Dunblane High teachers must have gulped when they heard the mid- summer news that Johan Mjallby, the 6ft 2in Swedish hard man, was Lennon's new depute. We can happily assure them that the no-nonsense Swede is to assist Neil Lennon, the new manager of Celtic, and not the no-nonsense Frank Lennon, the new caretaker manager of Dunblane High.
Frank, the distinguished head of St Modan's High in Stirling, was sensationally transferred to the head-teacher's office in Dunblane after the shock resignation of Dorothy White on the final day of the season.
The replacement of Dot by Frank, in the wake of the former's poor on-field performance, and a dramatic slump in home support, was predictable. Some other premier league schools have also come to the rescue by lending their senior personnel to get Dunblane back on track.
The beautiful game, however, offers some salutary warnings against unorthodox methods of team selection which can result in the occasional own goal.
We are steadfastly refusing to identify the teacher who will be missing from part of his school's pre-term in-service day because of the broken wrist he sustained during the World Cup finals in South Africa. The unfortunate teacher has been excused an afternoon session of "Curriculum for Excellence Starts Here" in order to endure the slightly greater pain of having his plaster removed.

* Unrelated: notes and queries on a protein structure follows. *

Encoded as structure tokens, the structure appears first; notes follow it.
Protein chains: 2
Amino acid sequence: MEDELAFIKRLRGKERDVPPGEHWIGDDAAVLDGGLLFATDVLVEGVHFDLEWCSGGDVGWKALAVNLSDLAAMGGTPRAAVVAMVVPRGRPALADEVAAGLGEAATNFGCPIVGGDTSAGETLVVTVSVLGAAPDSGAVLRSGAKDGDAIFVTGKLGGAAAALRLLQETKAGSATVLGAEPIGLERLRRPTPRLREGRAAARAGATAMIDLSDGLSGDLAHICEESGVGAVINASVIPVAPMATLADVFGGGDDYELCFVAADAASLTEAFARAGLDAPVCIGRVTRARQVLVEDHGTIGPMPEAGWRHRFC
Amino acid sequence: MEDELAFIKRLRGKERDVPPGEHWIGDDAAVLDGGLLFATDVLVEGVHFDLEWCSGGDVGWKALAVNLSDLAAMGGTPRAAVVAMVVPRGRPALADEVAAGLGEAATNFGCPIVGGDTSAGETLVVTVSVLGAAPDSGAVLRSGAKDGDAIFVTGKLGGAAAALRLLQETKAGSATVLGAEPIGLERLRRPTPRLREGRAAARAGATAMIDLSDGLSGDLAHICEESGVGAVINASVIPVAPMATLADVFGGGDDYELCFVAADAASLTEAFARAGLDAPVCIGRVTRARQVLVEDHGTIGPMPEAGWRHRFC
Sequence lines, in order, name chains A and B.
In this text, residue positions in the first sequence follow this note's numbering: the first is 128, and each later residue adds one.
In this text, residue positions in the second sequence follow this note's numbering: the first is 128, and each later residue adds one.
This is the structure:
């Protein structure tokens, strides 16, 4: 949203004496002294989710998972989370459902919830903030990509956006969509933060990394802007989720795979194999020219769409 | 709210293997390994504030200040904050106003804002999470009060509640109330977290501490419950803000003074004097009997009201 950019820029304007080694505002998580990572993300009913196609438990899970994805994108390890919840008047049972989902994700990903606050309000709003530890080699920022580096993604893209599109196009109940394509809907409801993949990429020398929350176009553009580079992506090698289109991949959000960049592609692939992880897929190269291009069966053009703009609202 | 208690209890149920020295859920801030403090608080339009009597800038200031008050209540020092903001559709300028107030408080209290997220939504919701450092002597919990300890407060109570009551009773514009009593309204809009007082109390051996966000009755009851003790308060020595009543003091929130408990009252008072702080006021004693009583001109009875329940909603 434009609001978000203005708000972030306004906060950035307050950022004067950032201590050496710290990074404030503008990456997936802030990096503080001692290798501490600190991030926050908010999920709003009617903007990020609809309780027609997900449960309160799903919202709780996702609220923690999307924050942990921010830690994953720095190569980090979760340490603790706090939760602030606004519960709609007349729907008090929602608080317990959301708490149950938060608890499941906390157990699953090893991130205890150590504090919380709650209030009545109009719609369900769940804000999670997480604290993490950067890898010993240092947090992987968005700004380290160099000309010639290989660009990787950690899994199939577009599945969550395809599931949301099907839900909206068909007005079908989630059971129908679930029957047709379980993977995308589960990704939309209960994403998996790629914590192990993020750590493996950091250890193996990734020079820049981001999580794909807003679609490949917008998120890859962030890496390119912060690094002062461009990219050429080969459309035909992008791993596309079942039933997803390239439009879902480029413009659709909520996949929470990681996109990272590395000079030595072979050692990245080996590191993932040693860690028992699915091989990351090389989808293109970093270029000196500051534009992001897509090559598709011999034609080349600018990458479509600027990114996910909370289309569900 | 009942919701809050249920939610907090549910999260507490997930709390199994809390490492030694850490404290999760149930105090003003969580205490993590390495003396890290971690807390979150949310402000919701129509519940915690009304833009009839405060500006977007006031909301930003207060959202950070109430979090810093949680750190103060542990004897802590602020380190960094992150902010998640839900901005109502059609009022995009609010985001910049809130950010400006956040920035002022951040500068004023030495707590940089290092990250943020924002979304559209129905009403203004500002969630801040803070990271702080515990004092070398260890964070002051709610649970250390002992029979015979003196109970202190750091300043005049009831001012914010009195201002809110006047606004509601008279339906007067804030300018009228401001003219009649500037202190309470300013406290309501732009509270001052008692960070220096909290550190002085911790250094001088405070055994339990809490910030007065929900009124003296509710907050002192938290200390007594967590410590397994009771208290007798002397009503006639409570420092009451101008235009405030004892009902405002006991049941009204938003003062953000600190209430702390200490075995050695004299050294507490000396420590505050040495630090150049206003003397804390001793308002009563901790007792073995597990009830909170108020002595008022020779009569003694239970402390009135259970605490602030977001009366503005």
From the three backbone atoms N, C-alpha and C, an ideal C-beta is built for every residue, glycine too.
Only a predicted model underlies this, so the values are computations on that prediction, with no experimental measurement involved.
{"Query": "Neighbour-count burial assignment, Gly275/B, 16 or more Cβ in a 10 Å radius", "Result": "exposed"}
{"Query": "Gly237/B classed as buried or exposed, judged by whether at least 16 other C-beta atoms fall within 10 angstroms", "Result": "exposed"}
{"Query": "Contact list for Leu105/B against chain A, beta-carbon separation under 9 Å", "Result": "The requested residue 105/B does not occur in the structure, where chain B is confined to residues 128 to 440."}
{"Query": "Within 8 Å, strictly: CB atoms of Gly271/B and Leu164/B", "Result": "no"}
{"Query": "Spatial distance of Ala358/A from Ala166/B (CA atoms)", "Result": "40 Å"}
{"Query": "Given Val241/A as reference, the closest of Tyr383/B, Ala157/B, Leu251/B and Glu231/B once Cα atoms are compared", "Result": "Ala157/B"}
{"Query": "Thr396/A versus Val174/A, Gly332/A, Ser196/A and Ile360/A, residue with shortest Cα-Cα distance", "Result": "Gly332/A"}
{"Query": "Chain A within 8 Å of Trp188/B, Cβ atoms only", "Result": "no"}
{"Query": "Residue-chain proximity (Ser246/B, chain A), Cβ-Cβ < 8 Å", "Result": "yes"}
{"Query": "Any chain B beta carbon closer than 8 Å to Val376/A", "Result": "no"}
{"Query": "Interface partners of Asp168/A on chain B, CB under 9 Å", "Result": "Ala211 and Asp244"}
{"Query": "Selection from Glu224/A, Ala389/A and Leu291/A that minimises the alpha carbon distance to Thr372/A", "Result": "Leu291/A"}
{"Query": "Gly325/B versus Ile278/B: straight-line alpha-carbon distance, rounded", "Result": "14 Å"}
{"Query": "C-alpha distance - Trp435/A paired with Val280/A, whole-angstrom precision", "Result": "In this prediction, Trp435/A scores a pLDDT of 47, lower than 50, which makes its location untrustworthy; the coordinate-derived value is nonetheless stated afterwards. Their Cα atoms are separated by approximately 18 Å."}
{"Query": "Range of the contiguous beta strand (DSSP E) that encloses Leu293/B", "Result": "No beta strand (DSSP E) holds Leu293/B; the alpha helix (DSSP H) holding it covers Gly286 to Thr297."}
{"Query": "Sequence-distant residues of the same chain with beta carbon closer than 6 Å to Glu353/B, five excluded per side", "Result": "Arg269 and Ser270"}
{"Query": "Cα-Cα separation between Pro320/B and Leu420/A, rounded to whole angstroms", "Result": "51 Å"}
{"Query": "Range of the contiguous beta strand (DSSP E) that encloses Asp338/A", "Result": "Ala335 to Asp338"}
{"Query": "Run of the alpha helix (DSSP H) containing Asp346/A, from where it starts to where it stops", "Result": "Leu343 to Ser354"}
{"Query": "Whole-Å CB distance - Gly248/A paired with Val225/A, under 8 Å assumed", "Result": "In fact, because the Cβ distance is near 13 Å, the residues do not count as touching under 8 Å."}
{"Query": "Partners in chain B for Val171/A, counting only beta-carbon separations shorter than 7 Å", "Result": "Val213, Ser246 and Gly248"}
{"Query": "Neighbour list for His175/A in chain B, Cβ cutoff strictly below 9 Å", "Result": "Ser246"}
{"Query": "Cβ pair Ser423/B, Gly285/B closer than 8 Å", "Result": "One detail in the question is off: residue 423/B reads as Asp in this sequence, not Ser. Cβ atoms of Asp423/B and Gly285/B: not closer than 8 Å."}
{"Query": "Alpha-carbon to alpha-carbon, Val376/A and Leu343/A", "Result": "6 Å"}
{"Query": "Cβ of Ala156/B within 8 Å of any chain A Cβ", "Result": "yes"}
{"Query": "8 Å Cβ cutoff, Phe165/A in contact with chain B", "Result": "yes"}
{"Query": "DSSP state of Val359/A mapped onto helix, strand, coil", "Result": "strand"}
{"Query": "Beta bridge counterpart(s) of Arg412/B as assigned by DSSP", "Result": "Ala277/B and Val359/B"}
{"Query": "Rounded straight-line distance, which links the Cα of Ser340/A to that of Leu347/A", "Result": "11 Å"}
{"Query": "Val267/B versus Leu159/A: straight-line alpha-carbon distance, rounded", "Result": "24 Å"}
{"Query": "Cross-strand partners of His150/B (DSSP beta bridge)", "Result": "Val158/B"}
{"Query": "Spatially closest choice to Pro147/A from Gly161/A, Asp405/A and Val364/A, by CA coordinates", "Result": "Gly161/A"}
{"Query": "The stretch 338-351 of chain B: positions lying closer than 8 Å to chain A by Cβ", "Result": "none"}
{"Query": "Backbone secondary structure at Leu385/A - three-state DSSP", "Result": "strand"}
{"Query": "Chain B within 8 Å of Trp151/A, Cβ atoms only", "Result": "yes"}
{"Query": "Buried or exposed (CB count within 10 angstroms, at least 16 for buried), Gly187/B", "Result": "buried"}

The injury followed what he said was a professional collaboration with a group of teachers from Finland who, he felt, in light of that country's impressive showing at the top of the educational form, would provide some useful ideas for our own rather confused education system.
The pain and shock of the fracture means that the exact circumstances surrounding the early-morning accident remain as unclear as, well, Curriculum for Excellence.
It was good to see that the Scottish Government's annual international summer school on school leadership last week managed to attract some top- flight speakers. Among them was Mick Waters, president of the Curriculum Foundation. In former lives, he has been a headteacher, teacher trainer and chief education officer in England.
It was very cheering to read in his biog that "Mick believes in being close to teachers, children and schools, and is often to be found in the classroom working with children". Truly, a remarkable pedagogue.
Heap praise on Park Mains
We note that the architect for the pound;33 million rebuild of Park Mains High in Erskine is a Mr Heap. This is probably not significant.